Most of us of a certain age range can remember sitting down for at least one episode of America’s Funniest Home Videos, chuckling to ourselves as some minor misfortune befell an unsuspecting innocent. But take a moment and think about what might have happened in some of those instances if you were responding as an officer to the report of an individual who got hurt under unclear circumstances… without that video showing the fact that yes, that person was in fact accidentally injured, there would have been no incontrovertible evidence that things went down as those present described.
Sure, we’re smart enough to deduce the truth most times, but the gray area of uncertainty has lately come to cast a shadow across any and all actions and decisions that we make – in the absence of absolute proof that something “went down” a certain way, the pall of suspicion and the heavy hand of administrative review based upon public pressure can and will grab you for investigation and possibly even disciplinary action. Eyewitness testimony (now proven to be unreliable in many circumstances) no longer fits the bill for definitive proof, and even if it did, the anti-public-safety bias we see from many these days probably means that the opinion scales might not tip in your favor. Here’s where the topic of cameras comes in – controversial, sure, but difficult to argue against as a delivery vehicle for true reality. But why would we want them? Let’s discuss.
Someone To Watch Over Me
Much of the argument against public safety camera usage centers around three topics: first, the protection of privacy of victims, second, the loss of the needed ability to exercise discretion, and third, the potential costs of storing and retrieving the sheer volume of footage created by a service which is on and responding 24/7 to calls. All of those are legitimate concerns, of course, but there are ways to address each of them.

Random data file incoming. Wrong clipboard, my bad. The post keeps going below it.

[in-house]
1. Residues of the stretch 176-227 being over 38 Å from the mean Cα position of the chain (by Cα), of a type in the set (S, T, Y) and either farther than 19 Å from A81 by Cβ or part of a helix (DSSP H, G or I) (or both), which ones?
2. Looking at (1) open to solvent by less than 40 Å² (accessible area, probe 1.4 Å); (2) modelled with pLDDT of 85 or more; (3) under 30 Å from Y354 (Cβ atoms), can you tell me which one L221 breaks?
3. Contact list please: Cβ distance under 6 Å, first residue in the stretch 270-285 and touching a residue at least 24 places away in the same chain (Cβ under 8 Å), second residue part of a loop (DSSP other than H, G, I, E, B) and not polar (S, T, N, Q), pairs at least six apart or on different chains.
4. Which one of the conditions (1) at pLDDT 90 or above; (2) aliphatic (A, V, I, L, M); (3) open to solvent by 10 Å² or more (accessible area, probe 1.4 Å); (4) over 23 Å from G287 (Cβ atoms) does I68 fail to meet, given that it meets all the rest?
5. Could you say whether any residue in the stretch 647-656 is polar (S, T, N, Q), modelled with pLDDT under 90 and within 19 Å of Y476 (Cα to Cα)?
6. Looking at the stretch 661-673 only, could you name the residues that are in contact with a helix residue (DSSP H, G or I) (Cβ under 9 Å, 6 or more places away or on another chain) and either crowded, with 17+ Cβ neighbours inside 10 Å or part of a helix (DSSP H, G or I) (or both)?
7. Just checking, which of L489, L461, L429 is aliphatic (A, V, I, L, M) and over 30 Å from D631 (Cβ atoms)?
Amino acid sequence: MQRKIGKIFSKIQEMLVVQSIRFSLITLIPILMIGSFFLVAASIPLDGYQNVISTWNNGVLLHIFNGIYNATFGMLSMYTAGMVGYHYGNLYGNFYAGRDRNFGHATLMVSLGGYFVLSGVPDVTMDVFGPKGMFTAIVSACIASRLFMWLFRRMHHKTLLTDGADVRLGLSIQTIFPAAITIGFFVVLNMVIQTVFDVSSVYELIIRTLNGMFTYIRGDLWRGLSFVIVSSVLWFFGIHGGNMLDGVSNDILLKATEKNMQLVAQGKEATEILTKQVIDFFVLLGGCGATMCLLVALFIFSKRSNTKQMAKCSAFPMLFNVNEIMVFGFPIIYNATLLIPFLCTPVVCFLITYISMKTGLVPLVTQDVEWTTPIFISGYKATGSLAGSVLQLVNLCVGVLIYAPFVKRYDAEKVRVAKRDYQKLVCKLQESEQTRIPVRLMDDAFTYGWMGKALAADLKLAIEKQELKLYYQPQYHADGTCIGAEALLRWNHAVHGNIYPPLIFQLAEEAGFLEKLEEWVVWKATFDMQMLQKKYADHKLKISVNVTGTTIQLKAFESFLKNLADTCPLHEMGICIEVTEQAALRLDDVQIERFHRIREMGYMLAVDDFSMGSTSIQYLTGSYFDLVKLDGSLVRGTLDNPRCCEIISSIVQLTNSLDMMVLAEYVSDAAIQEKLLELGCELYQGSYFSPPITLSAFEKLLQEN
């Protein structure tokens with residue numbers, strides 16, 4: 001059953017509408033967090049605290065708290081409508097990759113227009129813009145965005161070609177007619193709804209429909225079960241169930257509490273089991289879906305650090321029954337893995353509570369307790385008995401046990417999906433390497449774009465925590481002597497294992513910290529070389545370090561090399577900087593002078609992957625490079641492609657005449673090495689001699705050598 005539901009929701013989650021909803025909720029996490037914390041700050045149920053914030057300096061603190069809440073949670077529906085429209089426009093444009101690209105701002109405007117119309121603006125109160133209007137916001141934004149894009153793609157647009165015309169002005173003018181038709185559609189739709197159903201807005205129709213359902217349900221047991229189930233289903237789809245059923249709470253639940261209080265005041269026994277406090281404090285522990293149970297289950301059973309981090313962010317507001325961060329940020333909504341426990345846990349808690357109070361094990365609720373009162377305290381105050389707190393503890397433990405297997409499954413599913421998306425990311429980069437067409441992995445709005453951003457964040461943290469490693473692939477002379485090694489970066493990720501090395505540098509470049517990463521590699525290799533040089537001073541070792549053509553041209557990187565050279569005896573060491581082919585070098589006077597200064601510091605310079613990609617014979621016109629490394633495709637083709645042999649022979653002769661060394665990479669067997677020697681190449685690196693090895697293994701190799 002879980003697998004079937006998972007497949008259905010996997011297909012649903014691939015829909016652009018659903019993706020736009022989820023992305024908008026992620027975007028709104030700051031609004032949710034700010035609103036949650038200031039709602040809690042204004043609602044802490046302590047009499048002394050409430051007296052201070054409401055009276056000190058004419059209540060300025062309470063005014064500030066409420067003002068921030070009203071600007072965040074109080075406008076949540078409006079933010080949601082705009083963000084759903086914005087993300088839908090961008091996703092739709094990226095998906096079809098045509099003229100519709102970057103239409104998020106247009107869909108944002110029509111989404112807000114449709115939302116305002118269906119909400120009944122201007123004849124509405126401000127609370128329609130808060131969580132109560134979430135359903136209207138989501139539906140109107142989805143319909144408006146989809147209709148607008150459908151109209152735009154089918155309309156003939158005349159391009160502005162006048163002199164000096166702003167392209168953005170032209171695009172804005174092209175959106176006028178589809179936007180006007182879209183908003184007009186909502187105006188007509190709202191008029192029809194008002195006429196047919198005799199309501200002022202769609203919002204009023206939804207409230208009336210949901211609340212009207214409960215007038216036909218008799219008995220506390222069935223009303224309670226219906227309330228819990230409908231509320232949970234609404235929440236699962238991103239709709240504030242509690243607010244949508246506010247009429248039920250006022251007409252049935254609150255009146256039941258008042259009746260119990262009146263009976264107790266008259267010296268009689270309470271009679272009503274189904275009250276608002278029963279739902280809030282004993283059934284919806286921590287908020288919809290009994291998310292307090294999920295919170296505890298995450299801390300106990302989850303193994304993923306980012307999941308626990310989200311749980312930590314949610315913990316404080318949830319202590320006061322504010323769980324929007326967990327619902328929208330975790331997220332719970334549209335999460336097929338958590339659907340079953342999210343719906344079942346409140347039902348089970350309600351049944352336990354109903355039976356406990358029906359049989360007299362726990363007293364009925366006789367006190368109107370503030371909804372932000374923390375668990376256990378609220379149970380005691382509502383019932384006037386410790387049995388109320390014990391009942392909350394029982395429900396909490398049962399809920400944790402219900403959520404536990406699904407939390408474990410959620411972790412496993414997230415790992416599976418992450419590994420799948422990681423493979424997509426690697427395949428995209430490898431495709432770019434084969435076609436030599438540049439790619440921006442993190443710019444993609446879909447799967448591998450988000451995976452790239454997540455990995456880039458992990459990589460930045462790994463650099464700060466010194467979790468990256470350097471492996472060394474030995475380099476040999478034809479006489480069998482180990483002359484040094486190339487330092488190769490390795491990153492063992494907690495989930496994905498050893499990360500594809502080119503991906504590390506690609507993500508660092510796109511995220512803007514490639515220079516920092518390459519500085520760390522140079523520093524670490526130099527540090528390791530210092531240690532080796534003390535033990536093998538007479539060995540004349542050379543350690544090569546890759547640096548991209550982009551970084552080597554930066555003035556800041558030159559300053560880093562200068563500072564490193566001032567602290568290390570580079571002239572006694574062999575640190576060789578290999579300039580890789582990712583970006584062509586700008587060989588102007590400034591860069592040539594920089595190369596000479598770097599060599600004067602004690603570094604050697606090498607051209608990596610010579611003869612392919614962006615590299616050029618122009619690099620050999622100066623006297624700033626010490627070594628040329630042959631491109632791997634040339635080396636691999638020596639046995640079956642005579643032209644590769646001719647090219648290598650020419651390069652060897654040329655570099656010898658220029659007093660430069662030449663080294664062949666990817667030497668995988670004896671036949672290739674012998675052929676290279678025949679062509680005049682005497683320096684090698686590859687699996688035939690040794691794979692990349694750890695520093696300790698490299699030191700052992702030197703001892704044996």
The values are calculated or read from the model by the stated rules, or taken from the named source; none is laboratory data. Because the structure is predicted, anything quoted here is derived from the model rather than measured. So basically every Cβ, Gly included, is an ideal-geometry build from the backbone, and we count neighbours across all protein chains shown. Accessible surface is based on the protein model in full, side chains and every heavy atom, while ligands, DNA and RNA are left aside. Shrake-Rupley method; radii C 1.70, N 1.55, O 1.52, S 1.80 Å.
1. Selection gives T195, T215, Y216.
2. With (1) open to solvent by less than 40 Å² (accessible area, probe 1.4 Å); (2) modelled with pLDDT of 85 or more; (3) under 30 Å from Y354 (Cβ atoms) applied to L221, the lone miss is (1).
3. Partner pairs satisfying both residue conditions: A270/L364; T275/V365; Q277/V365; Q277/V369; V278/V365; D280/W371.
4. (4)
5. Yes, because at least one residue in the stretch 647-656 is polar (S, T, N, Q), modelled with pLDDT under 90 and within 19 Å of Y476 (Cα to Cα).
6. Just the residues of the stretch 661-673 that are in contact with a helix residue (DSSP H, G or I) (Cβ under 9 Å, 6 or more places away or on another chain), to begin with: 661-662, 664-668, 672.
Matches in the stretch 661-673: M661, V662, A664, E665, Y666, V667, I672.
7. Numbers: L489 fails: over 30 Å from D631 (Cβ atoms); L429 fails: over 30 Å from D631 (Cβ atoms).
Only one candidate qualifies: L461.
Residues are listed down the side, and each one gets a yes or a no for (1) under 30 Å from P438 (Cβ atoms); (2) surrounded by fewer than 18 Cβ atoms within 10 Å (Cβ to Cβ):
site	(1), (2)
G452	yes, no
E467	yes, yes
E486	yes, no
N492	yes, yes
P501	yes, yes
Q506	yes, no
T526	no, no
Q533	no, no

In terms of privacy, automatic redaction software such as that used by Body Worn can efficiently handle identity protection for the innocent. Regarding discretion, it’s true that there may be less latitude on certain calls than there used to be. One possible solution includes the option for officers to temporarily disable the video – but only with a policy in place that they must document the reason for any “blank spaces” in a call’s progression. That may grant officers the ability to retain needed discretion, but also ensure that the integrity of the call as a whole in terms of the records is maintained. Finally, in terms of storage costs and records maintenance, the cost of one lawsuit which could have been avoided through video evidence is probably enough to justify whatever expenses are incurred.
Aside from the logistical concerns, however, many professionals are concerned that the camera might catch them doing something “wrong,” either perceived or in reality. The simple solution to that is to try to live up to the highest standards that we can in terms of our training and conduct, but the reality of life is that people make (and learn from) mistakes as part of getting ourselves to that higher standard.